There are a number of articles in this Forum discussing the legal reality that a marriage, no matter how may years the spouses are apart or separated, remains valid under the laws of the Philippines. The questions, however, keep pouring in. After how many years of separation is a marriage annulled? If married but separated for 10 years, is the marriage void? Does the marriage become invalid after 7 years of separation? Can I remarry if my husband abandoned us?
A marriage, as soon as the spouses sign the marriage contract during the wedding, becomes effective and remains valid. Marriage has no expiration date, which is probably the reason why there was a proposed law, called the Marriage Renewal Bill, imposing a ten-year effectivity for marriage contracts. In other words, under the proposed law, a marriage expires after 10 years, unless the spouses renew their vows. The proposal was shot down in Congress.
As Philippine laws currently stand, there are only give (5) ways to end a marriage:
- 1. Death of either spouses. Incidentally, the crime of killing a spouse is called parricide (same designation for killing one’s father, mother, child, ascendant, or descendants), punishable by reclusion perpetua to death.
- 2. A court declaration of nullity of the marriage. [See Grounds for Declaration of Nullity of Marriage and Procedure for Declaration of Nullity]
- 3. A court decision annulling the marriage. [See Grounds for Annulment of Marriage and Procedure for Annulment of Marriage]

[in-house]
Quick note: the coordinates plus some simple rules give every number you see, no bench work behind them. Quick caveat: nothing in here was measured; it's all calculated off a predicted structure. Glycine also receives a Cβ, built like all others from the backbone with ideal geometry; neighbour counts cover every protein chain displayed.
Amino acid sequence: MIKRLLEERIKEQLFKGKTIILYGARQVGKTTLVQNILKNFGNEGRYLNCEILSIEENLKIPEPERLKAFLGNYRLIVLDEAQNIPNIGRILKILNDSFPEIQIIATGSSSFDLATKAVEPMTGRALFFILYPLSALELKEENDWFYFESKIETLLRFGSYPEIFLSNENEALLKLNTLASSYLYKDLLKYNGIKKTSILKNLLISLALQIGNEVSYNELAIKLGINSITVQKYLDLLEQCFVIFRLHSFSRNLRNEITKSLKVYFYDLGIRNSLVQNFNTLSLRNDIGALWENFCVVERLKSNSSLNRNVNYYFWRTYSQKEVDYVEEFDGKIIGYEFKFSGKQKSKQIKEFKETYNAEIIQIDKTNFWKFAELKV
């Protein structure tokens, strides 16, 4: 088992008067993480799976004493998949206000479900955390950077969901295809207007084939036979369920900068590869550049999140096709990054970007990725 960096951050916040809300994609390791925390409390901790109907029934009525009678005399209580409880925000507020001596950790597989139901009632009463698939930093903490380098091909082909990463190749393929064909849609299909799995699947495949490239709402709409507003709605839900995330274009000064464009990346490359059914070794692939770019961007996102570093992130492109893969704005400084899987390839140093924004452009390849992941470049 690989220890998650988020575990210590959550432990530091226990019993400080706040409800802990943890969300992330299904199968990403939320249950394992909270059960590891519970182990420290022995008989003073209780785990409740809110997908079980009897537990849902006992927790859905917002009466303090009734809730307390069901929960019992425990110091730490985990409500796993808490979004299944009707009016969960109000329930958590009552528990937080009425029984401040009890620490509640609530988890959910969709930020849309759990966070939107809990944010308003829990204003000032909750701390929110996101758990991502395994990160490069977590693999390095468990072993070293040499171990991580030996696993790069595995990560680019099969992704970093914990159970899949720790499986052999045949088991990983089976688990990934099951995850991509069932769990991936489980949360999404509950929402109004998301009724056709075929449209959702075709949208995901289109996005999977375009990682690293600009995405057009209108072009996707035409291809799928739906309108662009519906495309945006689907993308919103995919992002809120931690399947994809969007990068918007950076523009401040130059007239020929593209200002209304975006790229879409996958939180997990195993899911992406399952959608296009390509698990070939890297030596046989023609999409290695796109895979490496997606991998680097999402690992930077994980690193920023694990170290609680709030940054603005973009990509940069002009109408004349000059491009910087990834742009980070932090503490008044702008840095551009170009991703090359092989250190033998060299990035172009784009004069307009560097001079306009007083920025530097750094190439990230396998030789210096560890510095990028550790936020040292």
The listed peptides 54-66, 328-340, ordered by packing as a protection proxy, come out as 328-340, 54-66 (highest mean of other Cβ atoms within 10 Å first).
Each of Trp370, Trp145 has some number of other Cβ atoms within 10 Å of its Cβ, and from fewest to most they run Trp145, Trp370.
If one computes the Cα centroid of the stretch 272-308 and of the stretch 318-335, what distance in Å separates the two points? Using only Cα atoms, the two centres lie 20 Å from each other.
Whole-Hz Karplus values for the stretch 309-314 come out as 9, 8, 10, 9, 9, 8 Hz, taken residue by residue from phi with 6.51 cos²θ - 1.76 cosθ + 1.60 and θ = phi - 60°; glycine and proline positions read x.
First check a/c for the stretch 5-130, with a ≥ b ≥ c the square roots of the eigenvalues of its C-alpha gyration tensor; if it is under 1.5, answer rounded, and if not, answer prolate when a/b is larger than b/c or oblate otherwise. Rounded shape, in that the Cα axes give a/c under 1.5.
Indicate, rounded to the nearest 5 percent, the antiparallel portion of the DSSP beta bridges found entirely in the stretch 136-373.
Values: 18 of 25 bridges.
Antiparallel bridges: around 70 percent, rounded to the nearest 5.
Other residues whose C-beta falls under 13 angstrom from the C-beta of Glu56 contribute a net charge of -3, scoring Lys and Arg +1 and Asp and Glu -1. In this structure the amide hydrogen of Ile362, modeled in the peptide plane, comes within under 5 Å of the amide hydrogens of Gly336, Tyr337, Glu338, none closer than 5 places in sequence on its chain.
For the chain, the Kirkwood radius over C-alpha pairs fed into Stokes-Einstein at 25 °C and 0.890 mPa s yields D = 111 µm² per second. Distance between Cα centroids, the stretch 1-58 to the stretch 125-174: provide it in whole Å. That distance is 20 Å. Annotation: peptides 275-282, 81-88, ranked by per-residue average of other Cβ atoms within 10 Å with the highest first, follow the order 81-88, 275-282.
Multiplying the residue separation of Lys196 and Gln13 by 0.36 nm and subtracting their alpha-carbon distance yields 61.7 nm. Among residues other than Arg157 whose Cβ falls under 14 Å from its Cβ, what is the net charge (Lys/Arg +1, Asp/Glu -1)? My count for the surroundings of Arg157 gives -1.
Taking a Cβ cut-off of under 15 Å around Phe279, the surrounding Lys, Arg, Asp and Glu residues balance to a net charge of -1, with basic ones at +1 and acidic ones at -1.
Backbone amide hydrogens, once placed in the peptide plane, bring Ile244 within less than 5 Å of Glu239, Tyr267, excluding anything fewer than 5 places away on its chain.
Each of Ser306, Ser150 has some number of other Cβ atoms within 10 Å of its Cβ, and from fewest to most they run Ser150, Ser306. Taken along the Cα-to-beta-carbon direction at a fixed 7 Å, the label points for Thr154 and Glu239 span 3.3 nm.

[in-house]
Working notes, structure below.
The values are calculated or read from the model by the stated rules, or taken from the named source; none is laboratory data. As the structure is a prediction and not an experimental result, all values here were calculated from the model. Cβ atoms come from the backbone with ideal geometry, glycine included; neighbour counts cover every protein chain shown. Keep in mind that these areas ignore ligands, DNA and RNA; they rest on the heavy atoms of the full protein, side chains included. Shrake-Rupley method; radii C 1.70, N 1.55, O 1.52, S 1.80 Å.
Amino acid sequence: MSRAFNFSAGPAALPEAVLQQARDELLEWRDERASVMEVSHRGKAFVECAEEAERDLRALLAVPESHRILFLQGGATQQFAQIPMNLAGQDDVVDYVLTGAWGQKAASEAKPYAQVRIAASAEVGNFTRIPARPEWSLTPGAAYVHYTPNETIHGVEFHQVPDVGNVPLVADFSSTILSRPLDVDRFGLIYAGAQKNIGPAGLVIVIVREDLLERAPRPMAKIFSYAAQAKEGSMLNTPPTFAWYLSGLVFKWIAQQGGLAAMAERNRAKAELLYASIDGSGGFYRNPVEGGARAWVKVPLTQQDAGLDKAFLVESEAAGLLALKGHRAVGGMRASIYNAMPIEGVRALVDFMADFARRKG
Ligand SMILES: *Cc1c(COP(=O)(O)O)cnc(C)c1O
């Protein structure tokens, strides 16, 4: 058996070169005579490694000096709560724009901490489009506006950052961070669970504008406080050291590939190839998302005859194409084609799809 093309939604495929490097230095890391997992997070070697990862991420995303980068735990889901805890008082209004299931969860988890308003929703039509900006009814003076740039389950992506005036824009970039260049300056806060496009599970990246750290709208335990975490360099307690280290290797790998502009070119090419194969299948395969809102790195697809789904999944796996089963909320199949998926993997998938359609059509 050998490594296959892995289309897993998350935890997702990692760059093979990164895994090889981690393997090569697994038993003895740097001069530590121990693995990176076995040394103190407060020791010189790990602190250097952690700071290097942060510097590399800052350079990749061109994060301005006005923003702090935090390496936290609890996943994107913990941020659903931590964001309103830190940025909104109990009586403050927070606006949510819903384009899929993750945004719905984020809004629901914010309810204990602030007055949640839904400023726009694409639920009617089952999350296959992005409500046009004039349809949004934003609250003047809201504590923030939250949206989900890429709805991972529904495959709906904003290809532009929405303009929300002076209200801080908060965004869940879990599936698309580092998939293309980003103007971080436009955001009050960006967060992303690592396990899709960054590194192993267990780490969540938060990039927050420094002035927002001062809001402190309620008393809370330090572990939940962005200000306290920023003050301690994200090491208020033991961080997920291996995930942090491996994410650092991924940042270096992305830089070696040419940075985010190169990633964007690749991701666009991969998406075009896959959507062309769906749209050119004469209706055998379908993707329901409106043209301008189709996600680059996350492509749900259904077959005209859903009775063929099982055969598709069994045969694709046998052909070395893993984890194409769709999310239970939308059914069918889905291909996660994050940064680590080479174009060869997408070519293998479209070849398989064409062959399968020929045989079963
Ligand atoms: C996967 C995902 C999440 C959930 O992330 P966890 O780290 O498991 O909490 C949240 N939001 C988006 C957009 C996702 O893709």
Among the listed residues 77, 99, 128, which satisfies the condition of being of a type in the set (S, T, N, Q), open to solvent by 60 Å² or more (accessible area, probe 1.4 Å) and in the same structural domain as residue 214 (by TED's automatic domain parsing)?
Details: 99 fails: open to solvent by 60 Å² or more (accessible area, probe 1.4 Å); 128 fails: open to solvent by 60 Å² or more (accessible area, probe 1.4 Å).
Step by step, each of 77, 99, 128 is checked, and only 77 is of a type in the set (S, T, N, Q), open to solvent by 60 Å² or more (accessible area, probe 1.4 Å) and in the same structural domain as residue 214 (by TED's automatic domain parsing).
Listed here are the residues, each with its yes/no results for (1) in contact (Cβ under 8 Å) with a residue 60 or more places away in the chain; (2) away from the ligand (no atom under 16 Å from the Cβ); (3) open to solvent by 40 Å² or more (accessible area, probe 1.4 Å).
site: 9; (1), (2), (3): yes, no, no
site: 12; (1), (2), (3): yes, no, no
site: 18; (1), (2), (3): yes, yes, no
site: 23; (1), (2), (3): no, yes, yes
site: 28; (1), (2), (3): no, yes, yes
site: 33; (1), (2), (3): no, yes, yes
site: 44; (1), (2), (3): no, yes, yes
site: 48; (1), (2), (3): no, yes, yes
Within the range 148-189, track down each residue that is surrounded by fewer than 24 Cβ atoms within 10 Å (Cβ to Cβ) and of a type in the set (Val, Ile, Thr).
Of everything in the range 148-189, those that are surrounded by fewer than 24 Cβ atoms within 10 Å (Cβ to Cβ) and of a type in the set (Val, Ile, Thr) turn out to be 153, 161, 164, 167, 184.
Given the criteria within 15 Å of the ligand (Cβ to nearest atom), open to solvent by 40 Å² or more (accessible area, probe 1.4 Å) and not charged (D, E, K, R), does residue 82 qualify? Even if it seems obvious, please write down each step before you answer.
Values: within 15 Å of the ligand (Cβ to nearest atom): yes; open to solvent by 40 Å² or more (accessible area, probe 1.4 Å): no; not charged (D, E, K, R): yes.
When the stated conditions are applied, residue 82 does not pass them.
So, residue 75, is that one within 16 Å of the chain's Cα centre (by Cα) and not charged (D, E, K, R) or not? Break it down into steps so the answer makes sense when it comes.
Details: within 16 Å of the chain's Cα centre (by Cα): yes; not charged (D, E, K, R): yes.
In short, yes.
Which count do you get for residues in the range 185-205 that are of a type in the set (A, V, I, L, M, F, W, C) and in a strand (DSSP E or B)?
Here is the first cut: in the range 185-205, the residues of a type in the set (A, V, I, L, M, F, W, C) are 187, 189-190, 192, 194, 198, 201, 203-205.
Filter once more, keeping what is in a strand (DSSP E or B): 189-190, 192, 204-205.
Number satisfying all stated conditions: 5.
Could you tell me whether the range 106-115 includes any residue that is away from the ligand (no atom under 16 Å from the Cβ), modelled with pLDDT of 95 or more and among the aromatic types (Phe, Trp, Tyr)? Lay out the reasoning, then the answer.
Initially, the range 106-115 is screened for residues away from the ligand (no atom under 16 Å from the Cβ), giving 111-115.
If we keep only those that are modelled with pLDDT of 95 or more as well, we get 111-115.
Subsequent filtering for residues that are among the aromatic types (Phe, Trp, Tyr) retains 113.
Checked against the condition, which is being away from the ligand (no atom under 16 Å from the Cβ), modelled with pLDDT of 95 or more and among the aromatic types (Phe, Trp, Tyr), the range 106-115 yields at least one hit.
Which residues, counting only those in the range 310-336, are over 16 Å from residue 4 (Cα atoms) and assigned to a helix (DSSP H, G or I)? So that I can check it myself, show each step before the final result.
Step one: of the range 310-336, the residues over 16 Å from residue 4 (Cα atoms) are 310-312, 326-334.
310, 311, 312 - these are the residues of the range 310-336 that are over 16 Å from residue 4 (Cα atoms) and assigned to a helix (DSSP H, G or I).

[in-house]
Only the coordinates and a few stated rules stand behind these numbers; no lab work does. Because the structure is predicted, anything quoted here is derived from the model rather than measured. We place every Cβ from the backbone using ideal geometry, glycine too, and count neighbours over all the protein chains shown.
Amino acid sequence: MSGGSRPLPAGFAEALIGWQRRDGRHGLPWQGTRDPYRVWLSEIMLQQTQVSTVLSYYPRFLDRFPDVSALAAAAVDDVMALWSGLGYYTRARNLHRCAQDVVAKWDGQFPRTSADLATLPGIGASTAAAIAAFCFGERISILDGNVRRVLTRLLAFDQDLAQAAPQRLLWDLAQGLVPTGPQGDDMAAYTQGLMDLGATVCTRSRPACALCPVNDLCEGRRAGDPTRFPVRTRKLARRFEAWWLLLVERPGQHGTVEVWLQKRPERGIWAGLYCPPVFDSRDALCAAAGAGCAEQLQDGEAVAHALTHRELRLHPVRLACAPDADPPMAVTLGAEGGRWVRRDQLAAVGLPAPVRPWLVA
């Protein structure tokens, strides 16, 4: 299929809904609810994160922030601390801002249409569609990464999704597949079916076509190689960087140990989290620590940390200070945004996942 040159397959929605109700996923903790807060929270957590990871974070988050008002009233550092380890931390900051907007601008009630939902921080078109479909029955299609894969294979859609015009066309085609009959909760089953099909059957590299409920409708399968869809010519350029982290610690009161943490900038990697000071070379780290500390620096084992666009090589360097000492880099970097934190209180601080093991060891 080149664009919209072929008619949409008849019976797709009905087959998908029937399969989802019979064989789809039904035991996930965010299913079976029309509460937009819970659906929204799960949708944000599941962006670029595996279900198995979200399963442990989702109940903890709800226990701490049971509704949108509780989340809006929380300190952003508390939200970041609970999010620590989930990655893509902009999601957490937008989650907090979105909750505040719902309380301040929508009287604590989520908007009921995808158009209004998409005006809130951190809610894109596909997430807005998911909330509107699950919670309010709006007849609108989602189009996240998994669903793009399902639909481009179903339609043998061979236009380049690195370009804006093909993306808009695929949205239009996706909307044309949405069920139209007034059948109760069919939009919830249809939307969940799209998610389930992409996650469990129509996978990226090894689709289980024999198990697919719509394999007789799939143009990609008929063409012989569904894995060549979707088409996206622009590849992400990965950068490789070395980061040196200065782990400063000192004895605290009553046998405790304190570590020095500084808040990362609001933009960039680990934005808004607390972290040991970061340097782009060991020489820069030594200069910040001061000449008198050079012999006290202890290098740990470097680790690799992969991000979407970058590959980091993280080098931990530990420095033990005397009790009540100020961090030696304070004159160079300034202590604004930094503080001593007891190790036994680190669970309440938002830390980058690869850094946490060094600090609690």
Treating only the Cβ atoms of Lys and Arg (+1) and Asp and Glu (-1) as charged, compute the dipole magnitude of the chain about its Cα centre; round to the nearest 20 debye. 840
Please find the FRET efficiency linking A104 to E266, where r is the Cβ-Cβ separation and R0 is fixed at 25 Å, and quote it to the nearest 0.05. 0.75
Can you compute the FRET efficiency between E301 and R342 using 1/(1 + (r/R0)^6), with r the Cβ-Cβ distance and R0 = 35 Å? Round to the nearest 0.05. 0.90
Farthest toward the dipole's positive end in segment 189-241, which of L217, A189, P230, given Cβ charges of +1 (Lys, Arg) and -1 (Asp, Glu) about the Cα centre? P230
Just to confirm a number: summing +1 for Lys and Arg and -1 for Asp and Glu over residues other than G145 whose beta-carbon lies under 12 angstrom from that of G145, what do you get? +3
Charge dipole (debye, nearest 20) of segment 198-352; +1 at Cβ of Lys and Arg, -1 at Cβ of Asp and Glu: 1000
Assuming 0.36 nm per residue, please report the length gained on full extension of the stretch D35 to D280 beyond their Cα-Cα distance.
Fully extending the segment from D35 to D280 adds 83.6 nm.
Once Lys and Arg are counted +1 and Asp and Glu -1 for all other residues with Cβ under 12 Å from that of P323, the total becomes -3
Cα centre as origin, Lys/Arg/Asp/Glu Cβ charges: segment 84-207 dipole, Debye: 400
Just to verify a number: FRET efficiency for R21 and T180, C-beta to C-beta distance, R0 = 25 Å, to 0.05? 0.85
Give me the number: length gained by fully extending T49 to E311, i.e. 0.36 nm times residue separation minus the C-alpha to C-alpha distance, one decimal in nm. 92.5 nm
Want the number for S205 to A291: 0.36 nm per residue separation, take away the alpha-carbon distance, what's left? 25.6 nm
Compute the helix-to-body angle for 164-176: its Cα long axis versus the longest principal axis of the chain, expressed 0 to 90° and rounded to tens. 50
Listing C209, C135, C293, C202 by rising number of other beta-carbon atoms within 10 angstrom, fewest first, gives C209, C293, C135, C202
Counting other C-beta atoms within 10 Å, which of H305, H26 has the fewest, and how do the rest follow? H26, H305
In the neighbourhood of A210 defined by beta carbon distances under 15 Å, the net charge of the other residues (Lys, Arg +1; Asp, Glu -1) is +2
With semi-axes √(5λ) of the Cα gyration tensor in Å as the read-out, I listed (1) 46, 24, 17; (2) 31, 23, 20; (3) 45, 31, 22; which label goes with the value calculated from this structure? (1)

- 4. A court declaration of presumptive death of a spouse. The declaration of presumptive death under the Civil Code requires the filing of the proper petition in court. [See Declaration of Presumptive Death]
- 5. A court decision recognizing a foreign divorce decree. This is now available even if the divorce was sought or secured by the Filipino spouse. [See Mixed Marriages and Divorce in the Philippines, and Procedure in Recognition of Foreign Divorce Decree]
Separation of the spouses, whether de facto separation or legal separation, does not affect the marital bond (see Can a Legally Separated Person Remarry in the Philippines). Abandonment does not nullify the marriage (see Can Someone Remarry without Going to Court due to Absence or Separation). Non-payment of support and physical violence against the spouse do not render the marriage void. Divorce in the Philippines is not yet allowed.
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